Stone rings

A scant 200 million years ago, when dinosaurs first began coming into their own, a valley in what is northeastern Arizona received and buried any number of trees. During the course of many millions of years, water rich in minerals trickled down through the ground; these minerals replaced the wood. In some cases, logs were replaced whole, the entire form memorialized in quartz. In others, fossilization was as fine as a cell-by-cell replacement.

Eventually the upper layers of sediment were eroded, and today we have a beautiful petrified forest.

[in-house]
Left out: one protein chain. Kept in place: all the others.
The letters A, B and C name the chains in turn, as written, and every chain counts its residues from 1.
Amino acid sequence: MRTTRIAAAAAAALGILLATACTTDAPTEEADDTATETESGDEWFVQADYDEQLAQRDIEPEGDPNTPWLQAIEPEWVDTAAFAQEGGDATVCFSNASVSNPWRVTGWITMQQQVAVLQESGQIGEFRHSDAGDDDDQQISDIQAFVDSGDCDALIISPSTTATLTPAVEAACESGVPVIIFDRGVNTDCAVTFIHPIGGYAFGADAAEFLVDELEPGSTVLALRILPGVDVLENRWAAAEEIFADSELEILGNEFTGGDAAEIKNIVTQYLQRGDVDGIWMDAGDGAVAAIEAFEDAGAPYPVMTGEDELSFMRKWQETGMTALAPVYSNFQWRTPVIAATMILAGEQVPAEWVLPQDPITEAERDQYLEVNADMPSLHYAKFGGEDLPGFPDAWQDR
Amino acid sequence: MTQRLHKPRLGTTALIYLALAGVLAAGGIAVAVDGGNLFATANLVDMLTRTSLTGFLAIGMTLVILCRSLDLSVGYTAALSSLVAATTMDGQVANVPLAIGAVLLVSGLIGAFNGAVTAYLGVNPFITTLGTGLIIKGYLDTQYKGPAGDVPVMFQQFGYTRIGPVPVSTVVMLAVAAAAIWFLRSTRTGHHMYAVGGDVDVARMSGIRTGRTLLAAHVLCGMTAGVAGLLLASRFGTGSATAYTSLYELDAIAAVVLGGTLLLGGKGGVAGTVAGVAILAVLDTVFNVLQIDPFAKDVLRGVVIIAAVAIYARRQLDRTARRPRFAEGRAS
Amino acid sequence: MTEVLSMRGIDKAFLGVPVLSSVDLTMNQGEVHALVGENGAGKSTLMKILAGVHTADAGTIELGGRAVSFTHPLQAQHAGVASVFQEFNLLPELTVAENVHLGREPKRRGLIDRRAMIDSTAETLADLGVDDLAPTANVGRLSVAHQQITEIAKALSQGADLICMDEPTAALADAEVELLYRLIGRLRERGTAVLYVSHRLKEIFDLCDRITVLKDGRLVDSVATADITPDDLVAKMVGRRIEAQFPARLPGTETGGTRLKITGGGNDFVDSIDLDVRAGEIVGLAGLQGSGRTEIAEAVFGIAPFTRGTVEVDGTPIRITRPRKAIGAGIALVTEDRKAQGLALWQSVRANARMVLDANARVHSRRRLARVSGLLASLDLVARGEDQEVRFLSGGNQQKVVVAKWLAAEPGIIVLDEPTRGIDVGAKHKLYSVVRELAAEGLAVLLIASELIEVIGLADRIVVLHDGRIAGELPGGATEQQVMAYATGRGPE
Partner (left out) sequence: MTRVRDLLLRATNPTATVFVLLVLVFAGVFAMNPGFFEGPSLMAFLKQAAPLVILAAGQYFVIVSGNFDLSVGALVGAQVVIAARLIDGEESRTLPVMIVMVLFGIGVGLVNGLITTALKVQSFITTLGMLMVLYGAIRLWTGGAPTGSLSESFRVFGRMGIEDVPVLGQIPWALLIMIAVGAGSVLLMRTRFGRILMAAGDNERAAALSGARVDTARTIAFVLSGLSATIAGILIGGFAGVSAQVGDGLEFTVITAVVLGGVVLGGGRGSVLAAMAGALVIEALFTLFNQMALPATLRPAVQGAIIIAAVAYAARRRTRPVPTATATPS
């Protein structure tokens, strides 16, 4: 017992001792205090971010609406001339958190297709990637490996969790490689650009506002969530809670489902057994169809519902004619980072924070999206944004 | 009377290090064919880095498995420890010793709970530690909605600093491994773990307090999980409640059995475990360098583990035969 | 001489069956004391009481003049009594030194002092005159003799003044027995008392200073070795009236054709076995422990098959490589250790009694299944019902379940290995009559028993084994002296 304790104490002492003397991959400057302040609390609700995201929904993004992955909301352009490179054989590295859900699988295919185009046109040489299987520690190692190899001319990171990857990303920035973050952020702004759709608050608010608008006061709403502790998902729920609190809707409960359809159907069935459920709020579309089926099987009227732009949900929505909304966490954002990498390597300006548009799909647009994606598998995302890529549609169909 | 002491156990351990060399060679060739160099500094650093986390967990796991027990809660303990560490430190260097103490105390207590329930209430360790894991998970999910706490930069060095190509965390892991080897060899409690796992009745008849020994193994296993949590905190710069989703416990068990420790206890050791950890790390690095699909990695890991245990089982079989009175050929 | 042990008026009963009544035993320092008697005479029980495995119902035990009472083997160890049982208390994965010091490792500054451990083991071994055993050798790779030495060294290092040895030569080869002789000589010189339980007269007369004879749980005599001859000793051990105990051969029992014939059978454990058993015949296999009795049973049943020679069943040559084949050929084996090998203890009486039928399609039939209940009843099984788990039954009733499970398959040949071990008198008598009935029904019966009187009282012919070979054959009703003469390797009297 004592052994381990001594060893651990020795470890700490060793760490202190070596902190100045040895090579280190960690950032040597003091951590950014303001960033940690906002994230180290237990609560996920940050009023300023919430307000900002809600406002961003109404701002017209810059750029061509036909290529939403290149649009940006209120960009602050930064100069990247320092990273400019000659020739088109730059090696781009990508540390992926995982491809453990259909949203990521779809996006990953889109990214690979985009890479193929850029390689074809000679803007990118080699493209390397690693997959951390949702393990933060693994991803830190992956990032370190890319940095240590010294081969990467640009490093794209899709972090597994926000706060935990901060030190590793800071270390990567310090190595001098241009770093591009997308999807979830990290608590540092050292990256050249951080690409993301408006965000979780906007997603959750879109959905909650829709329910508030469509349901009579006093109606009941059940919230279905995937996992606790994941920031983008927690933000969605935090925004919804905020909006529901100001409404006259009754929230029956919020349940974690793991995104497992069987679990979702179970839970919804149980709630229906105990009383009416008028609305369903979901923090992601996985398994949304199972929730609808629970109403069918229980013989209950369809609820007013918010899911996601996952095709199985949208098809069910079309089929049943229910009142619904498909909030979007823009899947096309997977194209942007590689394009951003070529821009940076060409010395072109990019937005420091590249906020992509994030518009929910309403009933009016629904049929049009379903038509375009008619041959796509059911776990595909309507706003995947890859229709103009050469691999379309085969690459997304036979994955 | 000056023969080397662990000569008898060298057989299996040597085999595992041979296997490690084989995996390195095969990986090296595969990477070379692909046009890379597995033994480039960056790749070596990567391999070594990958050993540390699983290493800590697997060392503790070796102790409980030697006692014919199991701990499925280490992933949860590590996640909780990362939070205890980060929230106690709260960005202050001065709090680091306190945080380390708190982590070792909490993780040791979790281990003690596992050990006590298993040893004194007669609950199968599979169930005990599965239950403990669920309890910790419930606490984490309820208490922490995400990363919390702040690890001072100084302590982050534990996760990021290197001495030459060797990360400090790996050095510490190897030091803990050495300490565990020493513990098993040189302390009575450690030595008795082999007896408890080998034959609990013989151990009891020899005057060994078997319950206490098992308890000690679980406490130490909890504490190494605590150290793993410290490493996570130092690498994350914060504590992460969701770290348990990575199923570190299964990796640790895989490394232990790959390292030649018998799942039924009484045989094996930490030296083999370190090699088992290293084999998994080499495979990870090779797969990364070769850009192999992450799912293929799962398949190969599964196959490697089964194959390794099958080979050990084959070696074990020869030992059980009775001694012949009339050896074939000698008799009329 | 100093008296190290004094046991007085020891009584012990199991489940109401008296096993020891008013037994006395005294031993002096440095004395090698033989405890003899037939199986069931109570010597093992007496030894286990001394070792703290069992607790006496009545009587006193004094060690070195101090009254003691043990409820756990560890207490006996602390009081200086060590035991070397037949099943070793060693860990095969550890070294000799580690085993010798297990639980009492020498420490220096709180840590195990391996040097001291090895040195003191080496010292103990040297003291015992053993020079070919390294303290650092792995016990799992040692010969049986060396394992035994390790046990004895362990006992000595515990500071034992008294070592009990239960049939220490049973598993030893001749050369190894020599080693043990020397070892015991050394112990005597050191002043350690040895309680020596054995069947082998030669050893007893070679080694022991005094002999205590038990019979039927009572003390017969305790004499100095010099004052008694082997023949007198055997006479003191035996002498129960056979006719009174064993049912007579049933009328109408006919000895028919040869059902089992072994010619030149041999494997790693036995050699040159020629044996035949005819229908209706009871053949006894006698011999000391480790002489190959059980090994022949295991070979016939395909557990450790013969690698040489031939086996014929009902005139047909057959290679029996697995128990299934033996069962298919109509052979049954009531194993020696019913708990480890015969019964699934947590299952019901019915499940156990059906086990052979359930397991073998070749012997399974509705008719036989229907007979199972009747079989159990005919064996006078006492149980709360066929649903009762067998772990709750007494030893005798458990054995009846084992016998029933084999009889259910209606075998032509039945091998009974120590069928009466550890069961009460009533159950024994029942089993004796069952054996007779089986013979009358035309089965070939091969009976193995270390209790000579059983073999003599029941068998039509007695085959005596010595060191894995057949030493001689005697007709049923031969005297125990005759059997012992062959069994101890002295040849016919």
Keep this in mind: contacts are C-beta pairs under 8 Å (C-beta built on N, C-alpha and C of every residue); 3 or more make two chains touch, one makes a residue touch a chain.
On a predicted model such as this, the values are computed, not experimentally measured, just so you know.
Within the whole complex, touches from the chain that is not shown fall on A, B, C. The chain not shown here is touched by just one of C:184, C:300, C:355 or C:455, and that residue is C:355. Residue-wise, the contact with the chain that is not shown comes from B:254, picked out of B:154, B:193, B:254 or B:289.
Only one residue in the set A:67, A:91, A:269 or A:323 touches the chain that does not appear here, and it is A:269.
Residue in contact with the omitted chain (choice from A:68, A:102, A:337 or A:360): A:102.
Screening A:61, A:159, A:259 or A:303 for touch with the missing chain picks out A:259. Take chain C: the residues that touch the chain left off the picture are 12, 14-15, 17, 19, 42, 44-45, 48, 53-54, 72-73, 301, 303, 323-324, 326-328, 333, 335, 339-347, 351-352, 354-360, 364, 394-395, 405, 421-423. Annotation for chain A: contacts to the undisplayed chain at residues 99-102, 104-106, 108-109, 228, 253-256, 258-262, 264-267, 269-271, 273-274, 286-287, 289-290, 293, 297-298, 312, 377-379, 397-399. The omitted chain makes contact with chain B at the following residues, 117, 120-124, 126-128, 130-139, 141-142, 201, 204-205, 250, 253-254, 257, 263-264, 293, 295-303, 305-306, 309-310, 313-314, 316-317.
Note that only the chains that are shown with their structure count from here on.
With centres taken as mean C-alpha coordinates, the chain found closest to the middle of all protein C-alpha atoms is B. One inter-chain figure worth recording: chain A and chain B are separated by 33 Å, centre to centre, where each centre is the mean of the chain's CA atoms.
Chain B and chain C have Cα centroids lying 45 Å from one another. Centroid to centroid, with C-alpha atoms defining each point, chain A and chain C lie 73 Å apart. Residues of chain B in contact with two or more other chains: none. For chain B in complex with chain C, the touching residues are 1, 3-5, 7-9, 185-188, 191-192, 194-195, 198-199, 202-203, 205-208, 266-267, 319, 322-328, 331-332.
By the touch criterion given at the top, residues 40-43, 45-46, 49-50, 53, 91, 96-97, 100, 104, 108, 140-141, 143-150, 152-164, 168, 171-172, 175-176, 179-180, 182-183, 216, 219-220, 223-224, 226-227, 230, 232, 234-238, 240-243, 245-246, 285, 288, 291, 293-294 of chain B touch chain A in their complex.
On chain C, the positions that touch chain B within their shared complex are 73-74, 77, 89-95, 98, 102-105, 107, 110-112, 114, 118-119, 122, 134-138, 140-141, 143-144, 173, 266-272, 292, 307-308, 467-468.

The park itself has an internal road some 15 to 20 miles long, from which one can make several marked stops. Different sections of the petrified trees are named as forests, so one can begin at the Rainbow Forest and work your way north to the Crystal Forest, which has a quarter-mile walking trail.

If you enter the park on the south, the Rainbow Forest Museum provides a good introduction.

Crystal forest

By the Crystal Forest walkway.

Further into the Petrified Forest

Real textures (free tiles) from the Petrified Forest

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